Reply
Jill

I am considering the Juki midarm. I really like the fact that if you want to upgrade to a long arm you use the same machine and just purchase the frame.

Reply
Debby Brown

I love my Handi Quilter Sweet Sixteen. She has everything that I could ask for in a quilting machine. I love the big bobbin; I don’t run out as often and she makes a perfect stitch!

Reply
Lana Ebarb

What about the Flynn setup where you use your he machine with their setup. The only thing I really have a question . about is how would you setup for a king-sized quilt? They look only big enough for a baby quilt. Is it a good setup? Lana Ebarb

Reply
Patty Hafer

I have used the Flynn system to quilt several king size quilts. One attaches conduit pipe to the system. My Bernina 440 sits sideways. I have several suggestions: Practice using small quilted items on the yellow pipes-practice-practice-practice. After one gets use to the frames then practice doing quilts King size. Also purchase the roller stand to hold up one of the ends. I am presently finishing 5 t-shirts quilts for a friend. If you are serious about purchasing the Flynn frames check e-bay.

Reply
Gale

I own the APQS George sit down machine. The only problem I had was tension, and after talking to the rep for the company, she helped me solve this. These machines don’t work like our regular sewing machines so don’t forget to call the help line to get assistance. I have quilted placemats to queen size quilts on my machine and highly recommend my machine. There are some great classes on this site to help you become a more confident free motion quilter. I live in a rural area and no access to the machines, however if you are thinking of buying and can test drive them, that will help you decide which one will work for you. Good Luck!!!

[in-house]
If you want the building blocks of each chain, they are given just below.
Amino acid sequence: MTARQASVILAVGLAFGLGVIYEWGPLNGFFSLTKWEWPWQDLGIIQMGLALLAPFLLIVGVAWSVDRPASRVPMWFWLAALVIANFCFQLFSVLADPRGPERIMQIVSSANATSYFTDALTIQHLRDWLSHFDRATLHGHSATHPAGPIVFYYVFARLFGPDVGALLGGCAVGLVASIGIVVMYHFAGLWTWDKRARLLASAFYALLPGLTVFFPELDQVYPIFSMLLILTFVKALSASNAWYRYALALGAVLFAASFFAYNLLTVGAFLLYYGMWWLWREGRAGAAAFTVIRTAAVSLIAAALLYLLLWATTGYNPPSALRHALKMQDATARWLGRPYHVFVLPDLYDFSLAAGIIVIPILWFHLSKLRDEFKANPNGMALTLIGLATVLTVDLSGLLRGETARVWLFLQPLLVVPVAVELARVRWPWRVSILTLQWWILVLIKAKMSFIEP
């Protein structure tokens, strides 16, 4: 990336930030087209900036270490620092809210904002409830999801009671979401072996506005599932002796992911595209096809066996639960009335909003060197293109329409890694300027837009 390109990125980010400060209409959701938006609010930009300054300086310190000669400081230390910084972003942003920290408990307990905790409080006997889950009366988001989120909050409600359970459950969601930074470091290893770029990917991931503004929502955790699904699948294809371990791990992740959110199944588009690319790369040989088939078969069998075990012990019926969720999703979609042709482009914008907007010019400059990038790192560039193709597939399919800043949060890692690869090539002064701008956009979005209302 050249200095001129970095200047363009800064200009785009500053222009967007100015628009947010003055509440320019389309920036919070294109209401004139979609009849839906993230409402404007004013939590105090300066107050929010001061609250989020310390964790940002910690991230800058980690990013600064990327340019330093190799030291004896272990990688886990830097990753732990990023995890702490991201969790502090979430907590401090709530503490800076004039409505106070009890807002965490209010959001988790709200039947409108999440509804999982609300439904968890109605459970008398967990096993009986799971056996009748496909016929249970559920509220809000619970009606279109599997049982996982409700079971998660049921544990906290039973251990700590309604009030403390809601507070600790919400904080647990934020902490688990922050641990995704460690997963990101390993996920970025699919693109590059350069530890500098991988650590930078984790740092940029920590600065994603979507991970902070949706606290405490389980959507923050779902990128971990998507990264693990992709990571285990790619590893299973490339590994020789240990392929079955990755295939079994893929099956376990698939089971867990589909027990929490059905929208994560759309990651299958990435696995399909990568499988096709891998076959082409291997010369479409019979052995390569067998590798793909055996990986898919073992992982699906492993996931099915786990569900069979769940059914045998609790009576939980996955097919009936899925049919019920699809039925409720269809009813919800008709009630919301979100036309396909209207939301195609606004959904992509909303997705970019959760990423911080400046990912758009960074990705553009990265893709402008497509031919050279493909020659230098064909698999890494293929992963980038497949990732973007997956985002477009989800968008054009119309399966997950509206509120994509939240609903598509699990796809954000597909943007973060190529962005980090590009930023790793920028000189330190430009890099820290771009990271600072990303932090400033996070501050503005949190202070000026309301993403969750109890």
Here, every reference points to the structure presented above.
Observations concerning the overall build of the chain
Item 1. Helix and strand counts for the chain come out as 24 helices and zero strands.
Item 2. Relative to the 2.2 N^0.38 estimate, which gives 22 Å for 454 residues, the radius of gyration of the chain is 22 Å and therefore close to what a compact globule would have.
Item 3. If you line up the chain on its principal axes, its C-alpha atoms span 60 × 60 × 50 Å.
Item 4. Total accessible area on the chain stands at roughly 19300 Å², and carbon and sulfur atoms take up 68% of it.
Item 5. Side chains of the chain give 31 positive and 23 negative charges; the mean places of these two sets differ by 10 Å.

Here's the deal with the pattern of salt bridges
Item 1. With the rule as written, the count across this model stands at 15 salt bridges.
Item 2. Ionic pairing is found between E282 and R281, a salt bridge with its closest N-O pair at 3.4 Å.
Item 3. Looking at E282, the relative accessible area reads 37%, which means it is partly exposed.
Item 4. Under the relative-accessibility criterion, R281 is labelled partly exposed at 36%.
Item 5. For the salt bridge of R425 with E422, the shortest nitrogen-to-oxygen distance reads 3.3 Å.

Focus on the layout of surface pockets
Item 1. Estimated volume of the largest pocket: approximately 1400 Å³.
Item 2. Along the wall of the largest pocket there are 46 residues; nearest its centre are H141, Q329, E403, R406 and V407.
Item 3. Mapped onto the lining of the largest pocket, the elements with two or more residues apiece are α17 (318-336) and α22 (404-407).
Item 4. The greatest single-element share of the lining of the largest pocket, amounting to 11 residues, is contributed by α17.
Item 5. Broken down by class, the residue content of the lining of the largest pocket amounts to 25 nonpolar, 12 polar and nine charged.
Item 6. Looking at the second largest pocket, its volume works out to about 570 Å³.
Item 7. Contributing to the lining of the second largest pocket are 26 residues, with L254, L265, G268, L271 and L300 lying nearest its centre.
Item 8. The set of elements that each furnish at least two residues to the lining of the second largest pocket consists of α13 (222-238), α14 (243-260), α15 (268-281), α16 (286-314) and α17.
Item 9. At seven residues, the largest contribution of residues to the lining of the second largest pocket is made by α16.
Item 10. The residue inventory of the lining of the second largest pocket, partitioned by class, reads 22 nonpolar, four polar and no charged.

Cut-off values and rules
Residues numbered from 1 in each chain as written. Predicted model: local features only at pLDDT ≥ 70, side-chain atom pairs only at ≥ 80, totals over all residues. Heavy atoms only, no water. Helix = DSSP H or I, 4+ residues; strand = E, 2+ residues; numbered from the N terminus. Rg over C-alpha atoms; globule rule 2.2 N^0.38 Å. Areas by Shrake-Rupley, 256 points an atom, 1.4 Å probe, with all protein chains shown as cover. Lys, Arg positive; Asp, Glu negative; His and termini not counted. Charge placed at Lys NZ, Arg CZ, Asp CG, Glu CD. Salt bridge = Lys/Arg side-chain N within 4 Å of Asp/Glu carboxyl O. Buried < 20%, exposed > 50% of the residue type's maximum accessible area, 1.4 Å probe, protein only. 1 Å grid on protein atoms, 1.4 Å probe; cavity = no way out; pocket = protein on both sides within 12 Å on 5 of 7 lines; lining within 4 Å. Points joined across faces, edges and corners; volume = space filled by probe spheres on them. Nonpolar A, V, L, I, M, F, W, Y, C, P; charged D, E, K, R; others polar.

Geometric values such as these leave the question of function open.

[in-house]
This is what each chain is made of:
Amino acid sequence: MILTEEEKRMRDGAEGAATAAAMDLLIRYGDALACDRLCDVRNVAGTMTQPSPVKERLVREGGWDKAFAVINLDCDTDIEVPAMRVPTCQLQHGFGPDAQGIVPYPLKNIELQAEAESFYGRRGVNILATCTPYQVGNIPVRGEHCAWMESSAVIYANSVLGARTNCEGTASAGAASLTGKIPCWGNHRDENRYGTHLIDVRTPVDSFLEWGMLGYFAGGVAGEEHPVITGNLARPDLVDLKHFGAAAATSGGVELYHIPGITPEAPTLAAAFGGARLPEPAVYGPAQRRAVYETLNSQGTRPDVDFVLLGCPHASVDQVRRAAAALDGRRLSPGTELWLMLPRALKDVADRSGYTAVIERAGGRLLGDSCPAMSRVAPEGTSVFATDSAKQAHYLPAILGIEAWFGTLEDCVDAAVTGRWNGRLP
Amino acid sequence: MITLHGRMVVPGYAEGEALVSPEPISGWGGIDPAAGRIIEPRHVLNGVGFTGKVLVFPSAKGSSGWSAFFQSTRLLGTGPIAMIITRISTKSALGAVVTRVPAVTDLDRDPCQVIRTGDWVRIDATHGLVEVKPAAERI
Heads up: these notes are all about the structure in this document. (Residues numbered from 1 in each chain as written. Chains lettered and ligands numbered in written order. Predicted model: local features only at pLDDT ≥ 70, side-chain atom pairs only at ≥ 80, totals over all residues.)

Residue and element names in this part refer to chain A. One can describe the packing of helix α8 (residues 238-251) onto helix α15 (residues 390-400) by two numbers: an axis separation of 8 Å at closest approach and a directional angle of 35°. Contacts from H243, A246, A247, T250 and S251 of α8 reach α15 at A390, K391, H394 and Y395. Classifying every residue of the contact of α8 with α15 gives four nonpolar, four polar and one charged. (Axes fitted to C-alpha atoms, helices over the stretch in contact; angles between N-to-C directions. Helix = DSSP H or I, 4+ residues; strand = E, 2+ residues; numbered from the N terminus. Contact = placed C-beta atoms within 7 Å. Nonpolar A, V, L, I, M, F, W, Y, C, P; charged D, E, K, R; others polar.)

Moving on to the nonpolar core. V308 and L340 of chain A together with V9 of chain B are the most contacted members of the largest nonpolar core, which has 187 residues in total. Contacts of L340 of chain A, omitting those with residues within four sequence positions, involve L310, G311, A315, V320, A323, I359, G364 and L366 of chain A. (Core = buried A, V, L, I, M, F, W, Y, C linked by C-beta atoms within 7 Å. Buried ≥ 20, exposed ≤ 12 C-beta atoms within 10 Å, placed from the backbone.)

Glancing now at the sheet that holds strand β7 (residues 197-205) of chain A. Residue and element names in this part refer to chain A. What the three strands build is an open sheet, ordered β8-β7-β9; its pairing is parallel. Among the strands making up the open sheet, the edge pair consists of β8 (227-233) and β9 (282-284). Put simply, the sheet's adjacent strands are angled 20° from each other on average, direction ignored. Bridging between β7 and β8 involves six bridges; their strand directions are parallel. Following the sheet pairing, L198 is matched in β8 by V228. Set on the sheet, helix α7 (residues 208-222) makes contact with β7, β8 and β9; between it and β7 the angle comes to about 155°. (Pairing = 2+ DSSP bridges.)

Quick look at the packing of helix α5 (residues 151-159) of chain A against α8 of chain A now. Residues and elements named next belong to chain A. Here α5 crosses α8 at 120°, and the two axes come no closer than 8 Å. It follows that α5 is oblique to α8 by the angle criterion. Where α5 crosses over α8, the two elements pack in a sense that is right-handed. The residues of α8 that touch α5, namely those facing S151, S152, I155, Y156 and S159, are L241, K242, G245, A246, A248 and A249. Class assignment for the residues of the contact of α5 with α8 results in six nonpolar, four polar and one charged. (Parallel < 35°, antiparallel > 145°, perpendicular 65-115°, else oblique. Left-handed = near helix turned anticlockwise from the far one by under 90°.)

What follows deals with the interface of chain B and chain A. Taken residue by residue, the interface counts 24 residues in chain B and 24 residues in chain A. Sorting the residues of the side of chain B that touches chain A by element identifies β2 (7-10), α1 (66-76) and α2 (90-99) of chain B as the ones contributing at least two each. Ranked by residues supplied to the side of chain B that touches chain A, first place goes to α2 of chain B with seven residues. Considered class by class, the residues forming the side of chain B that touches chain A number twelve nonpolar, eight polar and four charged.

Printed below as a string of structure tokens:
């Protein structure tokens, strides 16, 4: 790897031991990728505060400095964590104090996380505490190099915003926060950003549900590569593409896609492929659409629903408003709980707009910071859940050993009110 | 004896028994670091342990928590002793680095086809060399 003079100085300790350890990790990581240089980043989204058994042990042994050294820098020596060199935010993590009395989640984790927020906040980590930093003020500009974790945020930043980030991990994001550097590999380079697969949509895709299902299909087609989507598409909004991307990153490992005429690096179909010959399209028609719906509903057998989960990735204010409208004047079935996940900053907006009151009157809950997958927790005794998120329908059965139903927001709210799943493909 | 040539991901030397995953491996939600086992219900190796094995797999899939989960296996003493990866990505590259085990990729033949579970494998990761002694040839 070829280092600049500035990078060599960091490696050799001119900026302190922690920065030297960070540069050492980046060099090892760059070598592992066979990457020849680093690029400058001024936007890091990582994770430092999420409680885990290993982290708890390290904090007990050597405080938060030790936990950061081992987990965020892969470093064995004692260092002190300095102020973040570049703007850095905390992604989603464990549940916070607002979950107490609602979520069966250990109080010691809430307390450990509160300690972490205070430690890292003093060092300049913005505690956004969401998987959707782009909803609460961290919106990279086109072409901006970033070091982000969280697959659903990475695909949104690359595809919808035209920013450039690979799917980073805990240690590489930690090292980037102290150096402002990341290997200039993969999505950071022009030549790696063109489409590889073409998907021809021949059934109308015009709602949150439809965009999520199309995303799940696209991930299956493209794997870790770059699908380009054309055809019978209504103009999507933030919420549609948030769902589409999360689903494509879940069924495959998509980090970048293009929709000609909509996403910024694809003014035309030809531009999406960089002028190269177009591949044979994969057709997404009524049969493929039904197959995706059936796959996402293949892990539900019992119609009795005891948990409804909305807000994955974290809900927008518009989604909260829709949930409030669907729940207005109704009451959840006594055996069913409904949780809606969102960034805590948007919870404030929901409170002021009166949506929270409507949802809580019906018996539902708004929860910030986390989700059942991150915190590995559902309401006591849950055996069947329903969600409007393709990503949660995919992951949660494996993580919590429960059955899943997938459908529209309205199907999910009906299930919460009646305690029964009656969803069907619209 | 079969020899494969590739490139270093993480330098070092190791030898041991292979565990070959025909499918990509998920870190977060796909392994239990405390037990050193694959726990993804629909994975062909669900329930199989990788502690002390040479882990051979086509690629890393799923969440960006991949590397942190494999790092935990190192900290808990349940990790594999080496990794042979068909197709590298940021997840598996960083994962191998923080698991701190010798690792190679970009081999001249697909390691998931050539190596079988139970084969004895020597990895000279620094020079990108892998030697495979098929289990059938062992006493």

Reply
Connie

Just bought used george from apqsandcant wait to check k it out. I angling to try spray basting. Pins too much work. A long arm was too much. For me

Reply
QUILTER4CHARITY

I have the HQ16 (not sit down) and it’s okay. Wish I had waited another year to buy one when the newer table came out.

Reply
Denise

I am hoping to get a mid-arm machine in the future – perhaps the one from the Grace Co., also saw a Sunshine Quilter machine which is very economical, though doesn’t have stitch regulation.
I currently have a Brother PQ1500, which I purchased for around $600 a few years ago, online. It has a large space under the needle for quilting (9″ length, and additional height), so it is a great alternative until you can afford something more. It works as a sit down machine, but can be used to quilt on a quilting frame, if desired. I use it as a sit down machine, for straight stitch sewing and quilting, it quilts up to 1500 stiches per minute. I do love it! It came with several additonal feet, including a walking foot.

Reply
Ann

I just bought the qnique midarm for my grace frame. I got it 2 weeks ago, and I’m already on my second quilt. LOVE IT SO MUCH. I can do a row of 12 inch blocks. Then I just adjust and go to the next row. Awesome and like I said I love it.

Reply
Lee

I want one so bad! Wish list

Reply
Selina Kuyp

I have the Janome Artistic SD (sit down). I chose it over the Pfaff 16.0 Power quilter…. I thought the stitches looked better – much more defined then on the Pfaff and because it is situated like a normal sewing machine I am used to the feel of it. I am quite good at free motion quilting, but it still takes time to get used to the new machine. The machine is faster then I am now, and that means I need to find the right settings….Just play and have fun. Breathe!

Reply
Carolyn Moschetto

i have been researching the Sweet Sixteen HQ vs APQS George. The cost is lower on the HQ but the HQ ,has 5 year warranty and the APQS George has lifetime warranty. But I hear several people have trouble with the tension with the George. Which would you choose.

Reply
Leann McClain